'Unless it can find a way to get more water from somewhere, Las Vegas is out of business.

'Yet they’re still building, which is stupid.'

The city relies entirely on a lake created by the Hoover Dam, pictured here

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The city relies entirely on a lake created by the Hoover Dam, pictured here

The city relies entirely upon a reservoir created by the iconic Hoover Dam, and now, according to experts the water level is well below half-full.

Due to the population swelling from 400,000 to 2 million since the dam was created in 1936, a massive 4 trillion gallons of water has been drained from the lake.

According to Mr Barnett, as the desert city receives only around 100mm per year, by 2036 the lake will provide no water if nothing is done.

The Southern Nevada Water Authority has called the drought 'every bit as serious as a Hurricane Katrina or a Superstorm Sandy'.

A £480million rescue mission is expected to be finished by the end of next year.

Meanwhile the city's casinos are attempting to improve their water efficiency, with the famous gambling zone, known as The Strip using just seven per cent of the city's water, while accounting for a massive 70 per cent of its economy.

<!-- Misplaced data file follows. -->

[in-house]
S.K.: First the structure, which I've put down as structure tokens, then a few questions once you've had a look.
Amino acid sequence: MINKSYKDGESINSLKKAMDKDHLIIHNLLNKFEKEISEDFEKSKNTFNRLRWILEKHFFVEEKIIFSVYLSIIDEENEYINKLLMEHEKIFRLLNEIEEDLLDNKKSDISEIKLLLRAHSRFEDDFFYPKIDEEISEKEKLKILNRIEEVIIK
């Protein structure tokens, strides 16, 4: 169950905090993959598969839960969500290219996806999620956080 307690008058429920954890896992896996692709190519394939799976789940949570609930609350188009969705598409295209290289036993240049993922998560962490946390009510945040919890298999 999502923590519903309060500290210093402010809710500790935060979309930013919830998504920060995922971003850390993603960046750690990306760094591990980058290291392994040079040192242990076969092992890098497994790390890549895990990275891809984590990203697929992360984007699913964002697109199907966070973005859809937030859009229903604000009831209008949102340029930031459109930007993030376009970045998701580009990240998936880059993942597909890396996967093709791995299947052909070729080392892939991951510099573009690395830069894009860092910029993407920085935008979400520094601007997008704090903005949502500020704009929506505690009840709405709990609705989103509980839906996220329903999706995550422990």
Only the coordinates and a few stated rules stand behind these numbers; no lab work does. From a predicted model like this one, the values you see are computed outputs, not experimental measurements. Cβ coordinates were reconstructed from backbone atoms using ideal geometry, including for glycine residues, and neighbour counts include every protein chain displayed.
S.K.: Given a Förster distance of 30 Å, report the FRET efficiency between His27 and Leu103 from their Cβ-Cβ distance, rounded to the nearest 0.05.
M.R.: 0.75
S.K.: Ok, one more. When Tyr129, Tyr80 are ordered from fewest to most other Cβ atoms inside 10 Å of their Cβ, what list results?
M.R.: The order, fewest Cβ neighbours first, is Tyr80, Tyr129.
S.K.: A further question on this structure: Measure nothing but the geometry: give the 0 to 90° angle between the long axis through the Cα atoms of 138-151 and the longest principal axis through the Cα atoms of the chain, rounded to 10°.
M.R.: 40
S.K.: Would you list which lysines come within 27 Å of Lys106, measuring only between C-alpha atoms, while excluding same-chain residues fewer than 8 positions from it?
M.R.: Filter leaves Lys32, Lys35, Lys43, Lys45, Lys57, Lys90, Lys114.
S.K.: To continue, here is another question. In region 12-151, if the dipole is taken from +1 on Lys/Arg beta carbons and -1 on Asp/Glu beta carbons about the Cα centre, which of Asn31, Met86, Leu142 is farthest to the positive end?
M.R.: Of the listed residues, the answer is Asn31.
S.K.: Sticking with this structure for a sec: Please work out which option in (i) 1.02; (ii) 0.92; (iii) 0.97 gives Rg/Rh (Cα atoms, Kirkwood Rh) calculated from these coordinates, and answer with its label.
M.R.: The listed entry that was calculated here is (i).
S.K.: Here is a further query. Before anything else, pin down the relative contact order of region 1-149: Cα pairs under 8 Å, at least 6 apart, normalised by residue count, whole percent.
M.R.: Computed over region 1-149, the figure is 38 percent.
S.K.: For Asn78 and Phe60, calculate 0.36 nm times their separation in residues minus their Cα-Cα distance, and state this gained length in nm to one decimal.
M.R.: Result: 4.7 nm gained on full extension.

America's largest reservoir will fall this week to its lowest level since it was filled nearly 80 years ago, according to federal water managers.

Lake Mead, Las Vegas’ main water source located on the Colorado River, will fall to about 1,080 feet above sea level due to crippling drought.

But US Bureau of Reclamation regional chief Terry Fulp said the record low won't trigger any water restrictions for 40 million people across America's southwest.

Lake Mead, a man made lake filled in 1937 and formed by the Hoover Dam, has been losing water for over a decade and is currently at about 40 percent capacity.

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Projections: The US Bureau of Reclamation expects Lake Mead's water level will drop a record low of about 1,080 feet above sea level this week and continue to drop in the next two years

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Projections: The US Bureau of Reclamation expects Lake Mead's water level will drop a record low of about 1,080 feet above sea level this week and continue to drop in the next two years